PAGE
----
Today, we discuss the differences between bribery, blackmail, and extortion. After you pass the police officer exam, it’s incumbent upon you to understand and identify the fundamental differences between these common crimes.
During the police test, you will be asked questions about legal terms and definitions. For example, questions may come up during the police written test – in which you are expected to understand a reading comprehension paragraph, or perhaps know the correct spelling and/or use of a legal term.
In your preparation for the police exam, it’s vital that you are familiar with the most common police vocabulary – not only in terms of definitions but also in terms of spelling and accurate use of the terms within wider contexts. Here, we discuss the core differences between three widely misused terms: bribery, blackmail, and extortion.
Let’s get started.
Both bribery and blackmail depend on the means used to achieve a specified outcome.
In the case of bribery, it’s about using the means of something valuable – such as money. Money – or any other valuable means – can be used to manipulate circumstances in your favor. Politicians are often bribed for this very reason, as it’s the politicians who wield power and it’s that power that the criminal briber is hoping to yield for his own interests.
There are several possible outcomes of briber:
Of course, bribery is a two-way street. Politicians can use their power and influence to bribe others, for example.
Nor is this crime limited to politicians. Bribery is common with commercial organizations, jurors and witnesses, and government-funded programs. Many police officers, too, have been shamed by bribery.
Blackmail is different from bribery in that it involves threats.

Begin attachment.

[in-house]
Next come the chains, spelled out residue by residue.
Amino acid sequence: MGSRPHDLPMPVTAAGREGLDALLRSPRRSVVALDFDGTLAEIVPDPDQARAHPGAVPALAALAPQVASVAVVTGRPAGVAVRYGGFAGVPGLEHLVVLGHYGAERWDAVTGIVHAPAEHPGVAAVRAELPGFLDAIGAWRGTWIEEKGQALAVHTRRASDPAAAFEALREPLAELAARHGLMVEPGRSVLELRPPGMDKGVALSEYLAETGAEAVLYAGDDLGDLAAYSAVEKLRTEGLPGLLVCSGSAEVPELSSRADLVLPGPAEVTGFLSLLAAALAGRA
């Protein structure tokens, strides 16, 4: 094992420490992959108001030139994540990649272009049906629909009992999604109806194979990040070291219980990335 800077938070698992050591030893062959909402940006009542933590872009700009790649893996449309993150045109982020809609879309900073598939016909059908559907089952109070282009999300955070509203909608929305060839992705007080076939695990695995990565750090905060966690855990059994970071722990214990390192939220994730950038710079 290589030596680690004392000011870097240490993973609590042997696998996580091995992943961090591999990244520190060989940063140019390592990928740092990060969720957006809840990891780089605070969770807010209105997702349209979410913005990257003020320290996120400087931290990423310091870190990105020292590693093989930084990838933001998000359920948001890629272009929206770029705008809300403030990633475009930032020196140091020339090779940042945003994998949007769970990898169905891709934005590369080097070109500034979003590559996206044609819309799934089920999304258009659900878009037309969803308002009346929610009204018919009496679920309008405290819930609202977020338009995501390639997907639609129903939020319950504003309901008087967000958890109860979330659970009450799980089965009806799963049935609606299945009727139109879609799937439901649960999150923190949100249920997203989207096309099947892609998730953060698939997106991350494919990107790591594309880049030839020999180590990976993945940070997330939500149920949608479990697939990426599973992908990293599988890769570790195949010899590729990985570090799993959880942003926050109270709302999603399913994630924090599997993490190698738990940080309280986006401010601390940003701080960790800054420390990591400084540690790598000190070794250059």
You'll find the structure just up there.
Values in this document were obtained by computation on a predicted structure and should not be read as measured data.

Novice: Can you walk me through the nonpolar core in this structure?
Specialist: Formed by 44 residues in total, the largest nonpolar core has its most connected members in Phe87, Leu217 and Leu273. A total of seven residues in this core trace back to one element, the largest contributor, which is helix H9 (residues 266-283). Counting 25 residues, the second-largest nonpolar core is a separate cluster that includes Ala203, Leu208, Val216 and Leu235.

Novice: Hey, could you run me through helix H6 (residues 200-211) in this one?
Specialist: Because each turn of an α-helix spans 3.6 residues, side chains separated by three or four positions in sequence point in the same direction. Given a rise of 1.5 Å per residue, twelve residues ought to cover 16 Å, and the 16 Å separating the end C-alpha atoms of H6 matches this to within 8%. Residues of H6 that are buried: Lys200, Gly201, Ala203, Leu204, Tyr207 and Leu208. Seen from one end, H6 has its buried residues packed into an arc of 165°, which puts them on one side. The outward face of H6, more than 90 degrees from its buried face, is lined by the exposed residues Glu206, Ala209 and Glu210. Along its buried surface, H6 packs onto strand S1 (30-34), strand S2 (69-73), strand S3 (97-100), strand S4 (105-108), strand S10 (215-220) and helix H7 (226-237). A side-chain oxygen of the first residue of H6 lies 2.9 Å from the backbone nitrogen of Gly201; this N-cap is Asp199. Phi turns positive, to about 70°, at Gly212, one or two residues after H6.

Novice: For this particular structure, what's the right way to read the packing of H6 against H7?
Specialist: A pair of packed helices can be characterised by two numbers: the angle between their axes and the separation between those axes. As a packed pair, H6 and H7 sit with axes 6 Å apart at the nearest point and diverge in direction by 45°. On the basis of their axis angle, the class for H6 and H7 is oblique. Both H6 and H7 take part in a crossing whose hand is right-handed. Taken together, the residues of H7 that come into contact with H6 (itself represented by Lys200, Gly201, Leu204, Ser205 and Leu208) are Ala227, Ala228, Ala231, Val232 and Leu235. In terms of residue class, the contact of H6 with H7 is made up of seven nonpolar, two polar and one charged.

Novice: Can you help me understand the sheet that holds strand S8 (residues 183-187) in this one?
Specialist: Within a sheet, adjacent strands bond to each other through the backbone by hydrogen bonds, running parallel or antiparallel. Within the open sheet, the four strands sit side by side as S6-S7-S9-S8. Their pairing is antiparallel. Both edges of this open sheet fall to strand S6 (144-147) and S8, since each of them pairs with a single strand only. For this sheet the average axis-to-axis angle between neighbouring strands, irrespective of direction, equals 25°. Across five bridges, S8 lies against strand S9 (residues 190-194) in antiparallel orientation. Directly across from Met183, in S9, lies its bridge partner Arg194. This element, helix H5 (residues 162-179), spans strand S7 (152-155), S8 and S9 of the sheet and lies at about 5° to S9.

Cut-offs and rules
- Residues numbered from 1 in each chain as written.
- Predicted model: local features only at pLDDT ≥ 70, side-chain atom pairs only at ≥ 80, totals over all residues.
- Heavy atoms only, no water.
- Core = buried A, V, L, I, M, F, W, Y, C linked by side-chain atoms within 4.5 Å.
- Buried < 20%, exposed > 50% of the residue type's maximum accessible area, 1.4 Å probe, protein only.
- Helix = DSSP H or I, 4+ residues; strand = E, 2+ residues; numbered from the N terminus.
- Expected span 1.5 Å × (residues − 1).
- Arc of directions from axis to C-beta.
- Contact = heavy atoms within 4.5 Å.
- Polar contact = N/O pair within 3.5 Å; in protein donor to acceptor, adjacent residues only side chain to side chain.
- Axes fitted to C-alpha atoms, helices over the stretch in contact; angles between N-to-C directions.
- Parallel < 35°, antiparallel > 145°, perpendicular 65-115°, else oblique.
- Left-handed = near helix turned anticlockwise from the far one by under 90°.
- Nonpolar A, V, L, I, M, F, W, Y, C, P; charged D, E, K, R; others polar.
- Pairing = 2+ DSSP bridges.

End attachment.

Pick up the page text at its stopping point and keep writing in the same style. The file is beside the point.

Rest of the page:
Intimidation is the currency of blackmail. For instance, it’s possible for the crime of bribery to morph into blackmail. Take the following situation: an individual bribes a politician. Once the bribe has been accepted, the individual can threaten to reveal the bribe to the public. In this latter case, it is an example of blackmail.
As a law enforcement officer in the United States, you will come across many cases of blackmail. Of course, blackmail can also occur within police department agencies, too, and you should be aware of the criminal implications of the crime and the need to report it to a supervisor if necessary.
Intimidation and threats are just as common with extortion.
But what makes extortion different?
Extortion involves obtaining something of value – such as property or money – through coercion. Blackmail is a form of threat that involves revealing damaging information about another person.
However, some states – such as California – combine the crimes into one general law.
So, we can see clear differences between bribery, blackmail, and extortion.
Knowing these differences is important. As we alluded to in the introduction, police vocabulary is a must-know subject for police exam success.
Take a few moments to learn these differences and, once done, move over to our article on the differences between libel, slander, and defamation.
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